Saturday, June 8, 2013

Erdogan's 'divisive & polarizing rhetoric' setting the stage for a confrontation

"...He may say he embraces not only his voters but the whole nation, yet Turkey is today in the grip of a very dangerous social polarization and tensions.Just before flying to North Africa, Erdogan sought to intimidate the Gezi Park demonstrators as he hinted that his supporters could also take to the streets, saying he was “hardly keeping the 50 percent [of voters] at home.”
Amid this tense polarization, it is apparent that a significant part of the AKP electorate sees the demonstrations as a prelude to a fresh coup and believes that an attempt is under way to unseat the prime minister through illegitimate means. It seems that the artificial tensions that Erdogan has used to create with his hallmark “us against them” policy to consolidate his party’s vote have this time become a serious threat to social peace.
On June 6, a small group which attempted to stage a demonstration in support of the Gezi activists in Erdogan’s hometown of Rize narrowly escaped being lynched by an enraged mob, thanks to police intervention.
The crowd that greeted Erdogan at the airport was clearly furious, too. The dangerous scale the tensions have reached was reflected in their chants: “Let us go and we’ll crush Taksim.” The prime minister did nothing to stop those chants. He peppered his speech with messages such as “we have nothing to do with fighting” and “now we go home, in the spirit of the dignity, common-sense and prudence that you have maintained in the past 10 days.” Those words might have stopped his supporters from taking to Taksim last night, but it is doubtful whether they did anything to reduce the huge tensions across the country.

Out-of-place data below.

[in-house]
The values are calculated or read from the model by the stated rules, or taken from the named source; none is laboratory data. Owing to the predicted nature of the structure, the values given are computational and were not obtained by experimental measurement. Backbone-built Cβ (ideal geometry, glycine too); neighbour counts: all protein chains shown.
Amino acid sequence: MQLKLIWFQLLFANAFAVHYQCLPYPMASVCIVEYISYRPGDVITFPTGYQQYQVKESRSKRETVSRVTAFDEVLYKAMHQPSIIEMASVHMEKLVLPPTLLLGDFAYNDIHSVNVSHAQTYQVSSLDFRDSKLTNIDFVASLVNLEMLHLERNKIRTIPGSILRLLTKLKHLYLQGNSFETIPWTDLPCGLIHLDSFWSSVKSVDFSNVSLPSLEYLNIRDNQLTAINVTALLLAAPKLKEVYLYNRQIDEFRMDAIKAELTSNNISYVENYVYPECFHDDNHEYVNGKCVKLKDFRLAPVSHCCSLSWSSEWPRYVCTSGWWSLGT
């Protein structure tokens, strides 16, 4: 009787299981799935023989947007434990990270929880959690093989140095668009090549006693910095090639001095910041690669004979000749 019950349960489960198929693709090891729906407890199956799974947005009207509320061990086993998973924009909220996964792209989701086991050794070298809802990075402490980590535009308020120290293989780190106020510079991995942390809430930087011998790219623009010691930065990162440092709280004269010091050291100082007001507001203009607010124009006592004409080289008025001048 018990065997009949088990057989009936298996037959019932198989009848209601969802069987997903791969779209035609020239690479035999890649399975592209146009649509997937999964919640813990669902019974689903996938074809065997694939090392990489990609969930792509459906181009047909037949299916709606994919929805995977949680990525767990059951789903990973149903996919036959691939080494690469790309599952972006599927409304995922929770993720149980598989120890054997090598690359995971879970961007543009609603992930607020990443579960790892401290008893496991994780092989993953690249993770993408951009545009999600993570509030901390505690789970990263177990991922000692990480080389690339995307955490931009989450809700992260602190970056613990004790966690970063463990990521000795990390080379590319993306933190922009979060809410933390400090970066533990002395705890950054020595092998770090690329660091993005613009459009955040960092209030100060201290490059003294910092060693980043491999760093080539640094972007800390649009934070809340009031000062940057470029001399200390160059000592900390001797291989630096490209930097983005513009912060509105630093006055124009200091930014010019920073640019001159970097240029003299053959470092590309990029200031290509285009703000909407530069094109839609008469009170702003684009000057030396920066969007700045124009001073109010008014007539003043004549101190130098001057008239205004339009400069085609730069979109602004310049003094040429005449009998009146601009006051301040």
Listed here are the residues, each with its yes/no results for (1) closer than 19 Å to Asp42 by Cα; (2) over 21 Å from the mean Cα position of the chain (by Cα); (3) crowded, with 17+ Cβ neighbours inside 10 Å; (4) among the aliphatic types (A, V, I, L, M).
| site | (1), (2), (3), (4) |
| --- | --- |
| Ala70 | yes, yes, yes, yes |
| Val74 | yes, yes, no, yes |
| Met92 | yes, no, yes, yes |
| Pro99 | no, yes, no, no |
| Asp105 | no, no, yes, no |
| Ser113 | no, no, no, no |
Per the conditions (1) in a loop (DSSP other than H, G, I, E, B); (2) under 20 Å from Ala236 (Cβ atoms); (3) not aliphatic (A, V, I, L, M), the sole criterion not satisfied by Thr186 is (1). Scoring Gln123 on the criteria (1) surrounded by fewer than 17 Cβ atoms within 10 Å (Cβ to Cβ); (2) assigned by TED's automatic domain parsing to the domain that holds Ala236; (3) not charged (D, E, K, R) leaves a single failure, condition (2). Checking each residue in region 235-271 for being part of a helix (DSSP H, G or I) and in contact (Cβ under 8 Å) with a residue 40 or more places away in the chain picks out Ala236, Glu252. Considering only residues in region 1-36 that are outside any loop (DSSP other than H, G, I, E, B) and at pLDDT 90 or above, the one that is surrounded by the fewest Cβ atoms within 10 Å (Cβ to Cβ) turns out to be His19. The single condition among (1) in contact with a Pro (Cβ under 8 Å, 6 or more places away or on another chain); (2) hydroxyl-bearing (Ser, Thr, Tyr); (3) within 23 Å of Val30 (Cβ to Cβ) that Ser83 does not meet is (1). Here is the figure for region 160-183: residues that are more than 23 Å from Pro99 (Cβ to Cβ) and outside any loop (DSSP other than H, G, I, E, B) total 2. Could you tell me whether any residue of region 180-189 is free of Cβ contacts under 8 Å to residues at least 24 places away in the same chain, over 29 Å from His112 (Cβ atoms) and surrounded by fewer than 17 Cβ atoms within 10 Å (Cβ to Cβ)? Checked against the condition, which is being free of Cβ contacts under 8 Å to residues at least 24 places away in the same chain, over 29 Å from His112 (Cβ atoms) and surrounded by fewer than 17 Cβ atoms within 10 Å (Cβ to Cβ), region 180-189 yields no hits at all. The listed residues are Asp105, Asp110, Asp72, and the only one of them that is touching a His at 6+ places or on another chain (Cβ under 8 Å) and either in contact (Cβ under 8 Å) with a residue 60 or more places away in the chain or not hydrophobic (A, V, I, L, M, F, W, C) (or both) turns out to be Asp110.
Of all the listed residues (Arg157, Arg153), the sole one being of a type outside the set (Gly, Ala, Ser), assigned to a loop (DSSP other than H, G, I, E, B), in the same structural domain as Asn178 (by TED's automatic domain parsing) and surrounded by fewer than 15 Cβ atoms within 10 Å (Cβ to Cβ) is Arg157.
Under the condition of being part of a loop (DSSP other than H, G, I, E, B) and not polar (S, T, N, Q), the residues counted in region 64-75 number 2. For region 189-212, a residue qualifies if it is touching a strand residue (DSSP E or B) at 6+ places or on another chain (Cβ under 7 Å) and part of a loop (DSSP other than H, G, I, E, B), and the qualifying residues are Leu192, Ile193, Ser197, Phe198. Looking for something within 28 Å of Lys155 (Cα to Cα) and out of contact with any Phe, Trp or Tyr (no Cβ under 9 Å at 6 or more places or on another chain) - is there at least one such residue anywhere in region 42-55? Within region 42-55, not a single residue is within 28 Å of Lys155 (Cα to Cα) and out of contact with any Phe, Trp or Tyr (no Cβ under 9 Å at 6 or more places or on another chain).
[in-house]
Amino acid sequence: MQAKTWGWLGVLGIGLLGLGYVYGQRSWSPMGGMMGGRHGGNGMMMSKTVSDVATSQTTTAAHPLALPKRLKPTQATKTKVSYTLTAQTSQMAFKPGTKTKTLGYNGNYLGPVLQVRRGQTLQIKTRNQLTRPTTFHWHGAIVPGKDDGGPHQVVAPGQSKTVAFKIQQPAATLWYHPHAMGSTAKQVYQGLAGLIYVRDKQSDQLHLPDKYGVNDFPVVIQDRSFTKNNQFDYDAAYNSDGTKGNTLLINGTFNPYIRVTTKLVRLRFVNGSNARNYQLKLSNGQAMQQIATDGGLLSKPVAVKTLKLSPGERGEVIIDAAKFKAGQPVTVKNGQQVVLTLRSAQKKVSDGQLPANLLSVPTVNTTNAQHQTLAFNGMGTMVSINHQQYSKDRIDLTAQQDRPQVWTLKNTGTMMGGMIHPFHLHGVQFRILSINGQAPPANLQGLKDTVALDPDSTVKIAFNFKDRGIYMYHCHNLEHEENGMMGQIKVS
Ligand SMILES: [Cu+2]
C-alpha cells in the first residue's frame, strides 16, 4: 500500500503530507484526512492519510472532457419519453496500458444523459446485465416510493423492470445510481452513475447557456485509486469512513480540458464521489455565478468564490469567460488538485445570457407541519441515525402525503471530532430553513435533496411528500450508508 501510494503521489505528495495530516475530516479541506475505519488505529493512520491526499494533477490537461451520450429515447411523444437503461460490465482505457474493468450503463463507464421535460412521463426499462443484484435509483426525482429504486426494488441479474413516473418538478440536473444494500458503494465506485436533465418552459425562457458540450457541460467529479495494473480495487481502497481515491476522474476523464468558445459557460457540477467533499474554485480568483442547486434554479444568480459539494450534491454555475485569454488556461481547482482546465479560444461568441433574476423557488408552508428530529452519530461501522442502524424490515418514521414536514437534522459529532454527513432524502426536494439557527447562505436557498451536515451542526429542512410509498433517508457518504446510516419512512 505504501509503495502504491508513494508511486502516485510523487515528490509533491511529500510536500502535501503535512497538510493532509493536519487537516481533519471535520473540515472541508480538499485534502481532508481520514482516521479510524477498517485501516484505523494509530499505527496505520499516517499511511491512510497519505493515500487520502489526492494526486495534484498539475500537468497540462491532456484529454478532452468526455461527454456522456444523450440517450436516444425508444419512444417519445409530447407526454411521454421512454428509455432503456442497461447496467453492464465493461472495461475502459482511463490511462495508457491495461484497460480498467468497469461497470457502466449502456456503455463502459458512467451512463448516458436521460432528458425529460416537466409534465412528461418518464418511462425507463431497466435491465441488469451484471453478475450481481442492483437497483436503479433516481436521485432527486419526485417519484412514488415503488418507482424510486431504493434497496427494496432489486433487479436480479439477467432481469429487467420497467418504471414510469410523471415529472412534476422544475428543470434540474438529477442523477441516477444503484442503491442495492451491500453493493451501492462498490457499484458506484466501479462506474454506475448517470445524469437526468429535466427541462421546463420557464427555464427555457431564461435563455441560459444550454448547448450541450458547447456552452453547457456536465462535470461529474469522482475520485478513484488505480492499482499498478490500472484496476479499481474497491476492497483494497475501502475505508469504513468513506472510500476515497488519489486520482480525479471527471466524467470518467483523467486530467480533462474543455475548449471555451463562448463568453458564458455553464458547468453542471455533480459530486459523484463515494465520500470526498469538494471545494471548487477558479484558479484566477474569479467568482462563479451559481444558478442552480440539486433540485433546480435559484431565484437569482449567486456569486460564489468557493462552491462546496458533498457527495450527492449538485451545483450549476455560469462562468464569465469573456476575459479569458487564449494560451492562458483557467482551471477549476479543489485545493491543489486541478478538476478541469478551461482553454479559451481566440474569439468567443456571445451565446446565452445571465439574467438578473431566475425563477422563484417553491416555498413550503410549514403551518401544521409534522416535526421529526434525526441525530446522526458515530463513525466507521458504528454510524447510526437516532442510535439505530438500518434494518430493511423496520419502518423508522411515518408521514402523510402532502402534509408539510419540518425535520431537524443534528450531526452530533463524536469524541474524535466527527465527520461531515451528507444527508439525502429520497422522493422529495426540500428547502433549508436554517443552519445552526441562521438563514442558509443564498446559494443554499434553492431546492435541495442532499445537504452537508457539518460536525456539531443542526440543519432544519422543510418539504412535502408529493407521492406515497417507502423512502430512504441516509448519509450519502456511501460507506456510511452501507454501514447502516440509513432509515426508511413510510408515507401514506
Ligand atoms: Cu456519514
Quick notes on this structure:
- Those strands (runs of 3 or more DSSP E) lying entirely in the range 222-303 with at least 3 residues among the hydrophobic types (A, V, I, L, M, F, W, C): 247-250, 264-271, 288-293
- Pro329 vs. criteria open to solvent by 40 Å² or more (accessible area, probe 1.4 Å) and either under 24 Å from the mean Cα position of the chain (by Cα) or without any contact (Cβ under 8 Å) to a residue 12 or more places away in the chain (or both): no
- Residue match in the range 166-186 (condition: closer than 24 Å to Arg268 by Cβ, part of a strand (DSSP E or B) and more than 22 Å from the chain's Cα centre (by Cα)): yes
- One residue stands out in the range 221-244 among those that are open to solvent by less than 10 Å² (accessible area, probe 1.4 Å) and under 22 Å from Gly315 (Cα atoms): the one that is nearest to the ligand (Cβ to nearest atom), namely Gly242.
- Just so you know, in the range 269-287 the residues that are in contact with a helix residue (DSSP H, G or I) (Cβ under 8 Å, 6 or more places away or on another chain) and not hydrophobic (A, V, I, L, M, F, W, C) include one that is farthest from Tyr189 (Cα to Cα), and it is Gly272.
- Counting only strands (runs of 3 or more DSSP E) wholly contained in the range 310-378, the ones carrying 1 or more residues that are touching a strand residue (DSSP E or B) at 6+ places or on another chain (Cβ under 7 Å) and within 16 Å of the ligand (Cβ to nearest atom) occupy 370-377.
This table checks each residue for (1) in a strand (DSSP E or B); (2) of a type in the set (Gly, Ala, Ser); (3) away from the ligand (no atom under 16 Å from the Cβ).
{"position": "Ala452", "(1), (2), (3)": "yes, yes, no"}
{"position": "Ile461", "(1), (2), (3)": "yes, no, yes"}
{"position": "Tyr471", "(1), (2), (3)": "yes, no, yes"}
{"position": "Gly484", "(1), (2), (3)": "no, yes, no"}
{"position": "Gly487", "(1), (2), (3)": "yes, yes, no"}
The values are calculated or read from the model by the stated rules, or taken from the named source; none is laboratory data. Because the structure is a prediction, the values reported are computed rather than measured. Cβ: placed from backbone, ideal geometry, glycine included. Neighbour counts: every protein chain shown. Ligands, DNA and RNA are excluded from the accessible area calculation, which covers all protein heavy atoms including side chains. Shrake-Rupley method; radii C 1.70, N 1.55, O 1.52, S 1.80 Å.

The prime minister’s attitudes and policies will mostly determine what happens in Turkey from now on. On one side of the rift there are masses whose anger has overflown to the streets as they perceive fiats on their lifestyles and interventions in each and every realm of life and feel they are despised by the prime minister. On the other side, there are people who believe that the prime minister is being insulted, that he is the target of a fresh coup attempt and that the minority is unfairly restricting the will of the majority.
The artificial tensions created by the prime minister’s divisive and polarizing rhetoric are growing into concrete, palpable areas of confrontation. The risk that these tensions could spiral out of control and devolve into clashes between different social groups evokes a nightmare scenario that no one dares speak about...."

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